|Specific energy||60–110 Wh/kg|
|Energy density||177 Wh/L|
|Cycle durability||6000–+10000 cycles|
|Nominal cell voltage||2.3 V|
The lithium-titanate or lithium-titanium-oxide (LTO) battery is a type of rechargeable battery which has the advantage of being faster to charge than other lithium-ion batteries but the disadvantage of having a much lower energy density.
Titanate batteries are used in certain Japanese-only versions of Mitsubishi's i-MiEV electric vehicle as well as Honda's EV-neo electric bike and Fit EV. They are also used in the Tosa concept electric bus. Because of the battery's high level of safety and recharge capabilities, LTO batteries are used in car audio applications as well as mobile medical devices.
According to a Weatherflow Co. article, the Tempest weather-station device contains a 1300mAh LTO battery, charged via four solar panels, requiring "at least 4 hours of adequate sunlight every two weeks."
A lithium-titanate battery is a modified lithium-ion battery that uses lithium-titanate nanocrystals, instead of carbon, on the surface of its anode. This gives the anode a surface area of about 100 square meters per gram, compared with 3 square meters per gram for carbon, allowing electrons to enter and leave the anode quickly. Also, the redox potential of Li+ intercalation into titanium oxides is more positive than that of Li+ intercalation into graphite. This leads to fast charging (higher charging current) being much safer in the case of the titanate, than in the case of carbon, since lithium dendrites are less likely to form in the former case. Lithium-titanate cells last for 3000 to 7000 charge cycles; a life cycle of ~1000 cycles before reaching 80% capacity is possible when charged and discharged at 55 °C (131 °F), rather than the standard 25 °C (77 °F).
A disadvantage of lithium-titanate batteries is their lower inherent voltage (2.4 V), which leads to a lower specific energy (about 30–110 Wh/kg) than conventional lithium-ion battery technologies, which have an inherent voltage of 3.7 V. Some lithium-titanate batteries, however, have an energy density of up to 177 Wh/L.
Brands and uses
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Log9 is launching its tropicalised-ion battery (TiB) backed by lithium Ferro-phosphate (LFP) and lithium-titanium-oxide (LTO) battery chemistries. Unlike LFP and LTO, the more popular NMC (Nickel Manganese Cobalt) chemistry does not have the requisite temperature resilience to survive in Indian conditions. LTO is not only temperature resilient, but also has a very long life and is robust.
Altairnano produces lithium-titanate batteries under the "Nanosafe" line, mainly for battery electric vehicles. Vehicle manufacturers that have announced plans to use Altairnano batteries include Lightning Car Company, which plans to use them for the Lightning GT, an all-electric sports car; Phoenix Motorcars, for use in its electric sport-utility vehicles; and in Proterra, its all-electric EcoRide BE35 lightweight 35-foot bus.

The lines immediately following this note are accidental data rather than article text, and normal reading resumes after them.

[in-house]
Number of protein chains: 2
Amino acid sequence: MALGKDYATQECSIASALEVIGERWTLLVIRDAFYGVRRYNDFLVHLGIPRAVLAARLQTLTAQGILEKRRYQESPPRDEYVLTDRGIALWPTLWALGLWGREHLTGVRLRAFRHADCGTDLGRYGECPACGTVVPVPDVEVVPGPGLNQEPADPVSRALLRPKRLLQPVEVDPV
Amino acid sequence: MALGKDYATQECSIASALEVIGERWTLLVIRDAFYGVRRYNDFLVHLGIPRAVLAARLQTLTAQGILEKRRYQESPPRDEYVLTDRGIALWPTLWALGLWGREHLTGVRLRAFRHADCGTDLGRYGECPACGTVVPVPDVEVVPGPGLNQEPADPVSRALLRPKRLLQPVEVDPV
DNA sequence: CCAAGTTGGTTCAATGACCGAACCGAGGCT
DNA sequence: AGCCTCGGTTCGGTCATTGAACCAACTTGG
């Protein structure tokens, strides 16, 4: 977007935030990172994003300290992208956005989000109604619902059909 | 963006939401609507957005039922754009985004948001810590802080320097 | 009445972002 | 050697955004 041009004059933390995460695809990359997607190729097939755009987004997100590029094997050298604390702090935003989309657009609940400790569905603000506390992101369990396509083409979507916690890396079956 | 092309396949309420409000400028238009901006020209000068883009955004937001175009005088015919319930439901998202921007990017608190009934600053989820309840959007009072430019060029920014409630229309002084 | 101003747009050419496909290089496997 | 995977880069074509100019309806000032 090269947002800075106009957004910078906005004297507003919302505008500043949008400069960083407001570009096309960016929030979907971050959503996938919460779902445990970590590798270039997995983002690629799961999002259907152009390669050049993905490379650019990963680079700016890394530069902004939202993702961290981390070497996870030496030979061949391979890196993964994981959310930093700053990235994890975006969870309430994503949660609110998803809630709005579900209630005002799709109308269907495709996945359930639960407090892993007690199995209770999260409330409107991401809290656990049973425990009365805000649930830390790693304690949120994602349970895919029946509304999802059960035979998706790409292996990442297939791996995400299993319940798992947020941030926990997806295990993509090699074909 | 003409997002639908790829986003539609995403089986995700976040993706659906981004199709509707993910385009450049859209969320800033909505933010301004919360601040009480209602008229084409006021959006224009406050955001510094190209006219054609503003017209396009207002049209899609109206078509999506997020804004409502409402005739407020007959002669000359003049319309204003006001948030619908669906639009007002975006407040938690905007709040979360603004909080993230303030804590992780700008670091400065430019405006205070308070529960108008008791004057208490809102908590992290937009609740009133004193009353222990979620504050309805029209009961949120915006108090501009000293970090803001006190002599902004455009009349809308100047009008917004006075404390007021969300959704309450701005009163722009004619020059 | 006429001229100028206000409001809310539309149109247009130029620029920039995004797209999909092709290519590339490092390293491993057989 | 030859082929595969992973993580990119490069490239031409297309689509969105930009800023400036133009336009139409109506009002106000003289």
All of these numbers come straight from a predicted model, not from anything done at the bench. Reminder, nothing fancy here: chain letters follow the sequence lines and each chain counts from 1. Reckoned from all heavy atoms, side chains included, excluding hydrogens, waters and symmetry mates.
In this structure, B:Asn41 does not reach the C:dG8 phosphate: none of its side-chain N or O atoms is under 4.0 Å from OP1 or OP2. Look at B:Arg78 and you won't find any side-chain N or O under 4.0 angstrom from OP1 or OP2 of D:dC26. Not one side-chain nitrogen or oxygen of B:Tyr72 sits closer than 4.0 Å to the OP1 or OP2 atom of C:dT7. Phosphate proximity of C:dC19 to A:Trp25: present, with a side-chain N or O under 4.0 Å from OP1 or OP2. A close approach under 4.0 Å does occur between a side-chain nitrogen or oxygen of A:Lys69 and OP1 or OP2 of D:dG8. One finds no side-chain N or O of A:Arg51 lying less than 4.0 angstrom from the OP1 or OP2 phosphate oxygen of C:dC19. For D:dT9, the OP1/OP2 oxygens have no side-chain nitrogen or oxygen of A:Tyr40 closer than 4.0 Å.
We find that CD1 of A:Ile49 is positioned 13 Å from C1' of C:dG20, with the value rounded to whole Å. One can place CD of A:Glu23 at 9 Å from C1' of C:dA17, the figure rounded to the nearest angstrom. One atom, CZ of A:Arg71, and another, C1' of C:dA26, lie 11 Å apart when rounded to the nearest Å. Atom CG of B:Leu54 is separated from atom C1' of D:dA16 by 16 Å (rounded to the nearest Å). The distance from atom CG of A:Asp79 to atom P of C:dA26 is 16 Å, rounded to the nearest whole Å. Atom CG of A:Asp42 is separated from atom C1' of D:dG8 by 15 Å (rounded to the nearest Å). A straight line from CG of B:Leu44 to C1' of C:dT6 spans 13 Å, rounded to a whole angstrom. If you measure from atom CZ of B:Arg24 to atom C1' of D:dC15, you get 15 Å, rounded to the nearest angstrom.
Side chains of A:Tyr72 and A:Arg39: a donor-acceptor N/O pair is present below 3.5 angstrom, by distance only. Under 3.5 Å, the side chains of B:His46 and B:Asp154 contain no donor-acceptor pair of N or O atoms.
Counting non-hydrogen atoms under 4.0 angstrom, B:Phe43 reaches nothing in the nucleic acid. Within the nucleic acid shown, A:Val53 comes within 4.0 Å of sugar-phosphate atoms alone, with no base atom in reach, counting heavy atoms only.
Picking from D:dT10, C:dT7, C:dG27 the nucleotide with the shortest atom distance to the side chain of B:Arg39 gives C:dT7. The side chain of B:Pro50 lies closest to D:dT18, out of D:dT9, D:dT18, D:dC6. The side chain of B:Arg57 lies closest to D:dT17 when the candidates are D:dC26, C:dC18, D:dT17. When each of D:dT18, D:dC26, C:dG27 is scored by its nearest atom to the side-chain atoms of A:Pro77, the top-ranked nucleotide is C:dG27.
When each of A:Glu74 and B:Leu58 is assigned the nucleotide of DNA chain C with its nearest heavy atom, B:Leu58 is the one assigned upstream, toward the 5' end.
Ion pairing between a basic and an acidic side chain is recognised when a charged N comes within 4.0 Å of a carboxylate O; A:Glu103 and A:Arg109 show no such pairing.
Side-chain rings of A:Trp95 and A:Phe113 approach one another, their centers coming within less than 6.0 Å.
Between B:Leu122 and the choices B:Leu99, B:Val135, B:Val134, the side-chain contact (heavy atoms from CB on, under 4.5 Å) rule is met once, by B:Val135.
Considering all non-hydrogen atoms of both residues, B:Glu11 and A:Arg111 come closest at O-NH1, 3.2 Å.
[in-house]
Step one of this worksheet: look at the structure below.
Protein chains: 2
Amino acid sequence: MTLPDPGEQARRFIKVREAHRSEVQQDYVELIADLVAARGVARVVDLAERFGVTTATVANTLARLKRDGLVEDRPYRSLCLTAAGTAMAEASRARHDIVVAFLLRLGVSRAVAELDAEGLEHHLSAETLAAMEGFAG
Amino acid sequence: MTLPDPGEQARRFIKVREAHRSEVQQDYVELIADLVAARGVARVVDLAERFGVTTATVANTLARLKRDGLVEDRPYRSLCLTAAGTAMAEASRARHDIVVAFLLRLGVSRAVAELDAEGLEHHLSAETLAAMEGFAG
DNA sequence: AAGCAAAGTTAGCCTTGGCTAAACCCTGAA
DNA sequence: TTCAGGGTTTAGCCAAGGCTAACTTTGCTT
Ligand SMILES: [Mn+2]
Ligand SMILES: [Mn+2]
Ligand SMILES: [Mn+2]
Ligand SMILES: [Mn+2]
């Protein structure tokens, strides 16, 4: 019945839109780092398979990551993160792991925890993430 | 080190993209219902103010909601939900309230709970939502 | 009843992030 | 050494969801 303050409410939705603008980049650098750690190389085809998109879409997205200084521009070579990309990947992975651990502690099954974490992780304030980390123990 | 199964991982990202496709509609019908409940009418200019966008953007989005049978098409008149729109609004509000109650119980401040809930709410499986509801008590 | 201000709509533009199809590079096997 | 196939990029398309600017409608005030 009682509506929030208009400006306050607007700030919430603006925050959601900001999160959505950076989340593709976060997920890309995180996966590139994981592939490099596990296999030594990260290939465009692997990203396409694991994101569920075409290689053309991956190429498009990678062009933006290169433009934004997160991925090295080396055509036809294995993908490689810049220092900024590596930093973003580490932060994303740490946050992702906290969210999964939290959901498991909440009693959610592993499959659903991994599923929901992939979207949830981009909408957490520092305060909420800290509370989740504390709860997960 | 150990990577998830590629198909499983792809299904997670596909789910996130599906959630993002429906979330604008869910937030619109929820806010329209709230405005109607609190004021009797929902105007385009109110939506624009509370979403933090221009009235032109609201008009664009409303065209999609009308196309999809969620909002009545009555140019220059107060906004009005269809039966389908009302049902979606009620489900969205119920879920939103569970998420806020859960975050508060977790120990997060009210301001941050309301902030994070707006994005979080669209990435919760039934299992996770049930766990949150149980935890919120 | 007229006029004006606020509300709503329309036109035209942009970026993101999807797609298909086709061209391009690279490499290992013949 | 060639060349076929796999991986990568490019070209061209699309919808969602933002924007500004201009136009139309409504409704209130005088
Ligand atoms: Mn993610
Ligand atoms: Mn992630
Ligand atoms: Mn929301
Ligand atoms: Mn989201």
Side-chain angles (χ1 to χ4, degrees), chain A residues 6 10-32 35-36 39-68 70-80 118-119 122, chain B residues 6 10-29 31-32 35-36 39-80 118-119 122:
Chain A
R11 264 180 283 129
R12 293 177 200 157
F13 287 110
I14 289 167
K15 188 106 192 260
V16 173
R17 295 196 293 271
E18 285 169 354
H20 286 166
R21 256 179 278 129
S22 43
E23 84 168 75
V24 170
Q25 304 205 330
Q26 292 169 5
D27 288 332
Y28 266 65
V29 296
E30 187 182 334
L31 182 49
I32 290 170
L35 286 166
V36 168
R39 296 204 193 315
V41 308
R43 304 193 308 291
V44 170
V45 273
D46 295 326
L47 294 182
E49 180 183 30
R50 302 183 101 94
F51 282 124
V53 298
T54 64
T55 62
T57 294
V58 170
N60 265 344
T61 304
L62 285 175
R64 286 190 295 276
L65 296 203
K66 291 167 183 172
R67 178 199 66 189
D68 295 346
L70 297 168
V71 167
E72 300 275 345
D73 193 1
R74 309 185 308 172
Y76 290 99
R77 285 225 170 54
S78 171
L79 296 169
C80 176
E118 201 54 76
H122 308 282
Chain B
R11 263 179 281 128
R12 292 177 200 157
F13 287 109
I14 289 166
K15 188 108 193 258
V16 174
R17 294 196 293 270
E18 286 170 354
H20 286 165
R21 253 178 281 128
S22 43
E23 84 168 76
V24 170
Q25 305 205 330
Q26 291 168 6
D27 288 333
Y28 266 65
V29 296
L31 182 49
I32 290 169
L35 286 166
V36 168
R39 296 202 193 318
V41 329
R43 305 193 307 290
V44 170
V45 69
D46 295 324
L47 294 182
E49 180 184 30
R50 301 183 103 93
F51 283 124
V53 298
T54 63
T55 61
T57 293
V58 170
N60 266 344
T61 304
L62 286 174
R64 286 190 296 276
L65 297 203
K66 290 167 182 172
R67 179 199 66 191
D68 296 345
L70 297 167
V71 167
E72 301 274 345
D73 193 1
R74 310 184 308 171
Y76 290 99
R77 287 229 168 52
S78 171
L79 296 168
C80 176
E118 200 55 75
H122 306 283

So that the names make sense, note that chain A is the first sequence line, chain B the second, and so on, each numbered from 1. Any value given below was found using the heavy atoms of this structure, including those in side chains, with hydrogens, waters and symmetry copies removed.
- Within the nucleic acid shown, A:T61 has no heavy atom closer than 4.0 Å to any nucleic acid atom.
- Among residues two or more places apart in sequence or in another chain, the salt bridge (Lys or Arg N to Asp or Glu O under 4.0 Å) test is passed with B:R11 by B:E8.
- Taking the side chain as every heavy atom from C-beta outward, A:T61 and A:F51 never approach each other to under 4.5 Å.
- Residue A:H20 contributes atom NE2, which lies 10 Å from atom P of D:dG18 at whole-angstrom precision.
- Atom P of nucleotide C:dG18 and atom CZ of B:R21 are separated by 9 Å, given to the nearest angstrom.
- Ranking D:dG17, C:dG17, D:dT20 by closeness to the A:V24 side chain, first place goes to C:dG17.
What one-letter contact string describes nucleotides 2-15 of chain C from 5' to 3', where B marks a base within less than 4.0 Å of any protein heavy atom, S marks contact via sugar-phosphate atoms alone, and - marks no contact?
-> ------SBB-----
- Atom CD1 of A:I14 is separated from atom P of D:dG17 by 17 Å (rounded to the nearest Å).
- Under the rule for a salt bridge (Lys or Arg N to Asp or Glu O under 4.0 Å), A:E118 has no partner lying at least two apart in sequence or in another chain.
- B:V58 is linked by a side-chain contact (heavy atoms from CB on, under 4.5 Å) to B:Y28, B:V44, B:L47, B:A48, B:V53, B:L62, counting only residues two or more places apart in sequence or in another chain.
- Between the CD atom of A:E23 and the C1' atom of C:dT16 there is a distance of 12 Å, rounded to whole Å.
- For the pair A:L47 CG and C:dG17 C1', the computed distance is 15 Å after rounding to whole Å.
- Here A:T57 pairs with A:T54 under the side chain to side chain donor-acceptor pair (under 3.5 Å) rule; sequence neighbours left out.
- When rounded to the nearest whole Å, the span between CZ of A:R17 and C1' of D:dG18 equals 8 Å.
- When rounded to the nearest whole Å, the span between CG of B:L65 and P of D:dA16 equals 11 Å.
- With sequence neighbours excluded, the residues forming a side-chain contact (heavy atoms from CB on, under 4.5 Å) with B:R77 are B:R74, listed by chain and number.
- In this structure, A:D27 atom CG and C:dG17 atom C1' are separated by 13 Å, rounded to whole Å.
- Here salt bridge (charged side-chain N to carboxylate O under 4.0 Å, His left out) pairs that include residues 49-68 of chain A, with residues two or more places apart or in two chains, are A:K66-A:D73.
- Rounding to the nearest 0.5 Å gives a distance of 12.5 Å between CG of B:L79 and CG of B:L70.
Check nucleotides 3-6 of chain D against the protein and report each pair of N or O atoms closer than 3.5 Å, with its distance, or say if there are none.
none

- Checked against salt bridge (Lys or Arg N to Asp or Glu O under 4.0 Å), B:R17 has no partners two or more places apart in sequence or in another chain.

Leclanché is a Swiss battery manufacturer founded in 1909. In 2006, it acquired Bullith AG (Germany) to establish a Li-Ion manufacturing line in Germany. In 2014, their product, "TiBox", was launched in the market. The energy content of the TiBox is 3.2 kWh, with an expected 15,000 cycle life span.
Microvast, based in Houston, Texas, makes a lithium-titanate battery that it calls "LpTO". In 2011, the world's first ultrafast charge bus fleet was launched in Chongqing, China. An 80 kWh LpTO battery system was installed in 37 twelve-meter electric buses, which can be fully charged within 10 minutes with a 400 kW charger.
As of 2014, a British bus OEM, Wrightbus, started to use Microvast LpTO batteries for 1,000 units of double-decker New Routemaster buses. An 18 kWh LpTO battery system is used to replace the initial Lithium Iron Phosphate battery because the LFP battery encountered performance failure.
As of 2015, the European ZeEUS (zero emission urban transport system) was launched. Its VDL bus uses a 62.5 kWh LpTO battery system from Microvast for this demonstration project.
As of 2016, the world's largest automated port, PSA TUAS, started to use the Microvast LpTO for 22 electric AGVs as a first phase of a project for horizontal container transportation.
Seiko uses lithium-titanate batteries in its Kinetic (automatic quartz) wristwatches. Earlier Kinetic watches used a capacitor to store energy, but the battery provides a larger capacity and a longer service life. A technician can easily replace the battery when its capacity eventually deteriorates to an unacceptable level.
SCiB batteries are used in the Schwinn Tailwind electric bike. Toshiba has also demonstrated its use as a prototype laptop battery. Toshiba SCiB batteries are used in a Japan-only version of Mitsubishi's i-MiEV and Minicab MiEV electric vehicles, and Honda uses them in its EV-neo electric bike and Fit EV, which launched in the summer of 2012. JR Central's N700S Shinkansen uses SCiB batteries to operate at low speed in the event of a disruption to overhead power.
Their lithium-titanate battery is low voltage (2.3 nominal voltage), with low energy density (between the lead-acid and lithium ion phosphate), but has extreme longevity, charge/discharge capabilities and a wide amount of operating temperatures.
YABO Power Technology released a lithium-titanate battery in 2012. The standard model YB-LITE2344 2.4V/15Ah battery cell has been used in electric vehicle and energy storage systems.
- List of battery types
- List of battery sizes
- Comparison of battery types
- Battery (electricity)
- Electrochemical cell
- Energy storage
- Fuel cell
- Lithium iron phosphate battery
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